Because HIV spreads exponentially, at the current rate, mortality caused by AIDS will soon touch everyone in the country. Sex work causes mortality among others than the prostitutes and their clients. Wives and other partners of the clients are at risk, as well as children of the sex workers. There are numerous estimates of India's national HIV/AIDS prevalence. According to the World Health Organisation, by the year 2000, 1 million people
will have AIDS in India and 5 million will be HIV-positive. And, if trends hold, India could have as many as 30 million people with HIV by the year 2010 - about 1 1/2 times today's worldwide total, although new AIDS cases reported by the government dramatically underestimate reality, they are an indication of the increase.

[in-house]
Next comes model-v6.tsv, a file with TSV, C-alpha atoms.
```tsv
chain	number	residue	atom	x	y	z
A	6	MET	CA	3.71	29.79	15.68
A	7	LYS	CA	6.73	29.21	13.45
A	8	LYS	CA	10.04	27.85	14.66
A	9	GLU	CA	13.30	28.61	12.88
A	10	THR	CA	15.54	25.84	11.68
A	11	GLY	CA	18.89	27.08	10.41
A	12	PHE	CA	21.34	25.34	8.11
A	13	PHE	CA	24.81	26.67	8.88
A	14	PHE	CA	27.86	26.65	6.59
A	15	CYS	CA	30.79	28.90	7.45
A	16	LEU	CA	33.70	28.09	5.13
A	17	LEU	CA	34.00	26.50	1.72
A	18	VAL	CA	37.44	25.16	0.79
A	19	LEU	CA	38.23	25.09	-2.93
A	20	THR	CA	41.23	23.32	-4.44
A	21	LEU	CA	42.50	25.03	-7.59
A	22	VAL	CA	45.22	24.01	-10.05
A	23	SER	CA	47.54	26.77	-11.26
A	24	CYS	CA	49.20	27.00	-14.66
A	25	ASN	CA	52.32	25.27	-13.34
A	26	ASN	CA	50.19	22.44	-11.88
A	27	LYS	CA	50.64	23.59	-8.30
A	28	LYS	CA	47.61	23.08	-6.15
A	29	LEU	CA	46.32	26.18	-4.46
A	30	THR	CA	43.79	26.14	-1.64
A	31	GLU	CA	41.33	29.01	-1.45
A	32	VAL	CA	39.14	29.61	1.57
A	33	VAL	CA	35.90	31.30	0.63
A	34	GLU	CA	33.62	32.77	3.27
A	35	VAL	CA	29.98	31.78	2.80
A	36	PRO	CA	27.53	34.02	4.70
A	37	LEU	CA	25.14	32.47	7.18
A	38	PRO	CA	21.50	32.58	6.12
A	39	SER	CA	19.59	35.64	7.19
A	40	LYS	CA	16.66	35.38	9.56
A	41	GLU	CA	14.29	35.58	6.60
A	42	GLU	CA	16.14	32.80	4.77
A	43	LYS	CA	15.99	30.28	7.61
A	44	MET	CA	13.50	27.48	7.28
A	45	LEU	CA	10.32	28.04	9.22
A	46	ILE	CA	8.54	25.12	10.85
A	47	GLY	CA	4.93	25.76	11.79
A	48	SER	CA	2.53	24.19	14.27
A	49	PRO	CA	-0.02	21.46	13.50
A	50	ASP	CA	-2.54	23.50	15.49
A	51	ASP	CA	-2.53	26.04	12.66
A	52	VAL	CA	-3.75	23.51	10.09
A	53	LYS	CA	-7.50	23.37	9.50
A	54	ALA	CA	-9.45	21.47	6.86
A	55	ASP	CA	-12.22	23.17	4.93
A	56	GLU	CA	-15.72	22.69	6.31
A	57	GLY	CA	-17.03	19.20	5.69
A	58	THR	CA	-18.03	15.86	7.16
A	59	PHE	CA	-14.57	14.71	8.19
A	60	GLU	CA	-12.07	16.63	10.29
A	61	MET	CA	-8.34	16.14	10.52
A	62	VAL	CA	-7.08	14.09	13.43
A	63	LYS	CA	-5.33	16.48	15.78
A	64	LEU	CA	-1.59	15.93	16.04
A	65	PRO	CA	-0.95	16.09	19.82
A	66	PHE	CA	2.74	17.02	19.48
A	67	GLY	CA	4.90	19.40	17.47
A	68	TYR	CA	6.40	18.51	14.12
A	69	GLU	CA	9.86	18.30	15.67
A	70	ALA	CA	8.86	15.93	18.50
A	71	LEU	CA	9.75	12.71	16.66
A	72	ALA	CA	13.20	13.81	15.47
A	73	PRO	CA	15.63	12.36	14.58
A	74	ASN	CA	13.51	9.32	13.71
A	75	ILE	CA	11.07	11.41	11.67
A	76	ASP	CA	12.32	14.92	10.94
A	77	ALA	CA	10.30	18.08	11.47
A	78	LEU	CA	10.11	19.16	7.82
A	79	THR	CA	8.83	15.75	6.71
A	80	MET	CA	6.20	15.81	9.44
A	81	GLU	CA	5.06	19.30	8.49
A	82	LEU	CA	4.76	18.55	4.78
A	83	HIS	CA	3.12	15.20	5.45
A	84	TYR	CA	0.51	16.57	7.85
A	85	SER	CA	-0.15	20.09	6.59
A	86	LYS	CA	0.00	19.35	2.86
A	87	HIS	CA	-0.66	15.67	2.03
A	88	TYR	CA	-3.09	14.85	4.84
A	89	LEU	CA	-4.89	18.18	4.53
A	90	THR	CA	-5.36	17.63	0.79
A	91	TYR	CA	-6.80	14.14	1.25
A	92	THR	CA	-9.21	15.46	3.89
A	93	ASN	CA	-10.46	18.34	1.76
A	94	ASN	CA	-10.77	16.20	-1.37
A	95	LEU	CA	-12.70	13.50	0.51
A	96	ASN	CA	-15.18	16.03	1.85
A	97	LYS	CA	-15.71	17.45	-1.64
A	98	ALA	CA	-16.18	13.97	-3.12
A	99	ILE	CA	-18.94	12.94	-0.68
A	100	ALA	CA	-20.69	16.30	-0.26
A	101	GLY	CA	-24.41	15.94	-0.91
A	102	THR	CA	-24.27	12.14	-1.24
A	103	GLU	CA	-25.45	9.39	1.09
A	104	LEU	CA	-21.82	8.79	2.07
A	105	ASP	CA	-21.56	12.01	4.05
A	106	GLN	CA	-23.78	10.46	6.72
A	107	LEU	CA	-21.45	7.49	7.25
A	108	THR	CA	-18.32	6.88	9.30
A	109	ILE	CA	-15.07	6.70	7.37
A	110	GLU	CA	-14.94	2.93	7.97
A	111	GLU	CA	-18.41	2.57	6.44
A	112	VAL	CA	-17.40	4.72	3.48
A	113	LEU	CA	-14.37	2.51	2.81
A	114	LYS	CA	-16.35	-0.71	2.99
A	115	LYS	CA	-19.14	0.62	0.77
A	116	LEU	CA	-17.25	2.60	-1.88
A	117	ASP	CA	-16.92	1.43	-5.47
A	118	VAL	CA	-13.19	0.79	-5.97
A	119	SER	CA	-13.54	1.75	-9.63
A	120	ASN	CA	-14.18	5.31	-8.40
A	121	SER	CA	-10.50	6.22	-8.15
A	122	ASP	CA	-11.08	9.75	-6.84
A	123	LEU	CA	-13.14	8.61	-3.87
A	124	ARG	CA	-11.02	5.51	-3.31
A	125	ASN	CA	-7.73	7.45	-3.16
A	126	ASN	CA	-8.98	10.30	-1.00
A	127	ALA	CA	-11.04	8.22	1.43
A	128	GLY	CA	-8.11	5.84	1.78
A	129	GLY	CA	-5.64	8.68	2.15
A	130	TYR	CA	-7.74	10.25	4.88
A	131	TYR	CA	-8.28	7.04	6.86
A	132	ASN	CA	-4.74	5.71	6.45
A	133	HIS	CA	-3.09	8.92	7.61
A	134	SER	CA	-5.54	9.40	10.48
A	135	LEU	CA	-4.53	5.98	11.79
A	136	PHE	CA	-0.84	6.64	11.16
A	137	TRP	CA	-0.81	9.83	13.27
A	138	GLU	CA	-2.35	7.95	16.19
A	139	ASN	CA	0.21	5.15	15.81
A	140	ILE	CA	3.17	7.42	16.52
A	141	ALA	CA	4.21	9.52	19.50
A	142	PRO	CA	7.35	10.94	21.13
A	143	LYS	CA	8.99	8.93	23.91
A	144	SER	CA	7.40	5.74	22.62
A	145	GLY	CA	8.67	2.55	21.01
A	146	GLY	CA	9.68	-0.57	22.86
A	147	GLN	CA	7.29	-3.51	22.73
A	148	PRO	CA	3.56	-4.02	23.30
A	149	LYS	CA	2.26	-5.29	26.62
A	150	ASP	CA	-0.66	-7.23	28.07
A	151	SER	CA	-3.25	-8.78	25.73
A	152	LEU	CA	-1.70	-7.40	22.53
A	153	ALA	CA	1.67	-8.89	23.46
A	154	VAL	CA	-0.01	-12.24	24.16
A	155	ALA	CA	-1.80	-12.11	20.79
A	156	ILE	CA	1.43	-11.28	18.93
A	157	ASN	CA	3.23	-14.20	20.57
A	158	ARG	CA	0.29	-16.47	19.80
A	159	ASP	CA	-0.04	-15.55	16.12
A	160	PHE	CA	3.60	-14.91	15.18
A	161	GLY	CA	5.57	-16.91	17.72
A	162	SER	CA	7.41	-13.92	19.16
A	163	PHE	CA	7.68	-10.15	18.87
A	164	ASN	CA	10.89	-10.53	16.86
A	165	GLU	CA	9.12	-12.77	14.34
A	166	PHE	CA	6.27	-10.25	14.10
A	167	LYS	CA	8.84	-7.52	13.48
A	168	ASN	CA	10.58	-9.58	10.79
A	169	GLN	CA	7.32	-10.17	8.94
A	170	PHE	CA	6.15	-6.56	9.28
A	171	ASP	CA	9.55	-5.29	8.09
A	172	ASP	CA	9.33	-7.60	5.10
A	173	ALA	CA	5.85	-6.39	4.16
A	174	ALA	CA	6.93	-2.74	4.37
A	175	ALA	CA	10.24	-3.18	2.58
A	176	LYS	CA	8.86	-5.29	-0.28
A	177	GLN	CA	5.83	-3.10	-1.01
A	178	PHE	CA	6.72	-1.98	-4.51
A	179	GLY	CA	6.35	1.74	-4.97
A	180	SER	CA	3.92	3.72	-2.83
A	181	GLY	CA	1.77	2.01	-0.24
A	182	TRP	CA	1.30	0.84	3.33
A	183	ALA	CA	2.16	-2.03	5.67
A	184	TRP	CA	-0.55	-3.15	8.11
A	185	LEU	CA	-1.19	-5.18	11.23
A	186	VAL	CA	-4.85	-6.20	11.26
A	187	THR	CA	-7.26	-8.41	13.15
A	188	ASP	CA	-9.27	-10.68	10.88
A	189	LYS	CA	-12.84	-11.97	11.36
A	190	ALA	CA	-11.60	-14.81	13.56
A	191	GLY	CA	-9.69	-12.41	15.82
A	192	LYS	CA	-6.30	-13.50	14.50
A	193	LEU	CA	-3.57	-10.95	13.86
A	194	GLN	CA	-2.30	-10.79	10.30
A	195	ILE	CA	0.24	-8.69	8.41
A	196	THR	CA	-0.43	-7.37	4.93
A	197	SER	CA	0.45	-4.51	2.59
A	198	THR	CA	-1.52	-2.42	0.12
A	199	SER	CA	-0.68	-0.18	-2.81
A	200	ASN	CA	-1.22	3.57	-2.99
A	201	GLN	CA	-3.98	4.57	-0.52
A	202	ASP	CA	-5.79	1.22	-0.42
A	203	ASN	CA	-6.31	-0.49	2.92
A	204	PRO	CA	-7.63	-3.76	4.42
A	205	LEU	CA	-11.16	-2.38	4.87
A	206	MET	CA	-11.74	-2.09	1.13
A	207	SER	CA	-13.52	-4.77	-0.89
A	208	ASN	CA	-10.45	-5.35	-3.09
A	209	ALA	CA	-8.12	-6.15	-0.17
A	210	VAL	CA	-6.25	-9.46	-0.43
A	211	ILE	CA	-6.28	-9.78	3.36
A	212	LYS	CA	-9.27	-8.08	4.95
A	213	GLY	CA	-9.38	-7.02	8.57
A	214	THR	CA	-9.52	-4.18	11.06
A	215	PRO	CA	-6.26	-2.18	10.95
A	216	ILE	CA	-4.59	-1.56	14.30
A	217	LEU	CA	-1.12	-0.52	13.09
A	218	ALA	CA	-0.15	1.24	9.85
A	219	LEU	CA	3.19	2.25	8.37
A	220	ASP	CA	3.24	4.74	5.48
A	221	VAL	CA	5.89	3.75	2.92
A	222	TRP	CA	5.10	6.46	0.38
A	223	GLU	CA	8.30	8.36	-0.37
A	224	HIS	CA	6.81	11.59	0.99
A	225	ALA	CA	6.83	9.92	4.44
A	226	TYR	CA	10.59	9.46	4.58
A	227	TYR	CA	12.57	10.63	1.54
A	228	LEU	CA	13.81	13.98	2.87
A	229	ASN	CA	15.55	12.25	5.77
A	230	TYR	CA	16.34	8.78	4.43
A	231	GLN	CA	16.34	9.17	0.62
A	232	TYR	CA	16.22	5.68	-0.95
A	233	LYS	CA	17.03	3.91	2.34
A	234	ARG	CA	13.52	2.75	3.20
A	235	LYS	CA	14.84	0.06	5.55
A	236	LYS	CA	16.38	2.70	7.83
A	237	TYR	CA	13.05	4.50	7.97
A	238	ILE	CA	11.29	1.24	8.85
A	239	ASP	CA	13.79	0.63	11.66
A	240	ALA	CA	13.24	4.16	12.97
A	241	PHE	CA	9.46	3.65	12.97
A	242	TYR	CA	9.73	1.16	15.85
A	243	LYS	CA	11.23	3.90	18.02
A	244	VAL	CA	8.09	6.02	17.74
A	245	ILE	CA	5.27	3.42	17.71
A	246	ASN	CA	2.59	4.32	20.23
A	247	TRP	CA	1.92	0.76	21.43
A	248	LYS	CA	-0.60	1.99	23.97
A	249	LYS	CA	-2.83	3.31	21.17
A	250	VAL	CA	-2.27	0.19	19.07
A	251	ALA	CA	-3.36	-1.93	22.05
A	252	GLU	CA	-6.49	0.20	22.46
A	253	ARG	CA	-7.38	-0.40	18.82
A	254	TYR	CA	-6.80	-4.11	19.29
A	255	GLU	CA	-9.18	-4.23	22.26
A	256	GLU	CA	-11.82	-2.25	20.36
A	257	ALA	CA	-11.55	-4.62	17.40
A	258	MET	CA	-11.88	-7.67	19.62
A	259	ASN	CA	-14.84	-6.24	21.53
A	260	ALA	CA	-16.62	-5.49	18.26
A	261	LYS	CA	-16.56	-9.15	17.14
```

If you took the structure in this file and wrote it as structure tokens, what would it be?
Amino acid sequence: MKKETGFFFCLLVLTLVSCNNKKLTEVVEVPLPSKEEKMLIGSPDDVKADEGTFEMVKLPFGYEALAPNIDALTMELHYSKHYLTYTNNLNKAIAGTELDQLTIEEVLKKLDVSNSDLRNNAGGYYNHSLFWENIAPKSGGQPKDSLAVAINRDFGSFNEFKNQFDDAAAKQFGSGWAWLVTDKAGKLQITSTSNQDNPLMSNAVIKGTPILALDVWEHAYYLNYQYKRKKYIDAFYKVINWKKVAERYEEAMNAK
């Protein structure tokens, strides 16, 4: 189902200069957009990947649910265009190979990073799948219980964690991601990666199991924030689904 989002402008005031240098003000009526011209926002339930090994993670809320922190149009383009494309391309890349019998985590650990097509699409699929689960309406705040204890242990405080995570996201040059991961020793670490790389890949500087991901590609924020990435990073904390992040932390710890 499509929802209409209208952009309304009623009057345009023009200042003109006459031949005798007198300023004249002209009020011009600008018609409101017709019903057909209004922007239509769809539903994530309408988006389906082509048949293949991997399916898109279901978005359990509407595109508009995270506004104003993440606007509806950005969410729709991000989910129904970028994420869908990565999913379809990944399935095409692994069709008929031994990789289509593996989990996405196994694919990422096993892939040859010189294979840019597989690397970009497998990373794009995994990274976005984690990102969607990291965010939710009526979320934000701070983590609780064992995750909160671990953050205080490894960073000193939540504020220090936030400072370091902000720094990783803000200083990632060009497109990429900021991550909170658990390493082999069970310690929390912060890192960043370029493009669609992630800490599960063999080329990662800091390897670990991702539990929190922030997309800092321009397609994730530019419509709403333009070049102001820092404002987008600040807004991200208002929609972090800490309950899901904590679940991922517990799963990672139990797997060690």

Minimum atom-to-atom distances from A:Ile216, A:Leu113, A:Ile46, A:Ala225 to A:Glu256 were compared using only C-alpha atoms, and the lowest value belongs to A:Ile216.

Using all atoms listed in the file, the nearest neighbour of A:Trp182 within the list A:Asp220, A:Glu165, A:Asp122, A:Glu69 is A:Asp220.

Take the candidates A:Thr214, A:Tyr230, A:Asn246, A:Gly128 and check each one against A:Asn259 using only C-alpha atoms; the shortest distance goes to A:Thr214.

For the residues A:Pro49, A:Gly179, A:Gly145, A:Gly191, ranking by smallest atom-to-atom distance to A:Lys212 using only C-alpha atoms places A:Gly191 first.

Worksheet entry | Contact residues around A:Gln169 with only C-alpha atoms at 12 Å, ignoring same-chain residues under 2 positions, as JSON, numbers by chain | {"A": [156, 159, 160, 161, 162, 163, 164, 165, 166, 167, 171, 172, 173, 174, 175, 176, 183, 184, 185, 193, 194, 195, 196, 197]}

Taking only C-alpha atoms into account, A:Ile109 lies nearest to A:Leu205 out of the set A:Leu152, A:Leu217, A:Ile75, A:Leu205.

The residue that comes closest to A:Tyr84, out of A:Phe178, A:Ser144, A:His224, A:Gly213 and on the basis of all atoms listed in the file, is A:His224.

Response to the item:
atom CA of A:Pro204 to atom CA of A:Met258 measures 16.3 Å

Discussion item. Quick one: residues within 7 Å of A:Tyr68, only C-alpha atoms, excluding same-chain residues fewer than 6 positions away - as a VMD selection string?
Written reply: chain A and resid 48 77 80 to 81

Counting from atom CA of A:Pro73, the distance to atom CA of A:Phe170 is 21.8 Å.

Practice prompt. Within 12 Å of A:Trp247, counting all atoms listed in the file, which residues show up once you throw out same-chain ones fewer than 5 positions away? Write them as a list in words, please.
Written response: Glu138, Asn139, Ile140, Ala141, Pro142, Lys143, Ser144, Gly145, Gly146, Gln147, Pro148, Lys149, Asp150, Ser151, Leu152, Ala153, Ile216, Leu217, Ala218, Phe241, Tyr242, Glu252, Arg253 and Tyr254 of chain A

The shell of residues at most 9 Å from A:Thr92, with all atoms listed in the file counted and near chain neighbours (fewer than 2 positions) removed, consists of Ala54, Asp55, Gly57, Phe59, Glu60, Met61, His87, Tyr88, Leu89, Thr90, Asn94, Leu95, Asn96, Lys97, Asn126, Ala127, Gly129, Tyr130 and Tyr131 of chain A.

The evidence suggests that the New Economic Policies have increased mortality caused by AIDS among commercial sex workers. More data is needed on numbers of girls and women that were in the trade before the NEP and currently. More specifically, trends on the percentage of the population who are commercial sex workers, to adjust for total population size are needed. This lack of data merely illustrates how marginalised this population is- they are difficult to access and little is known of them.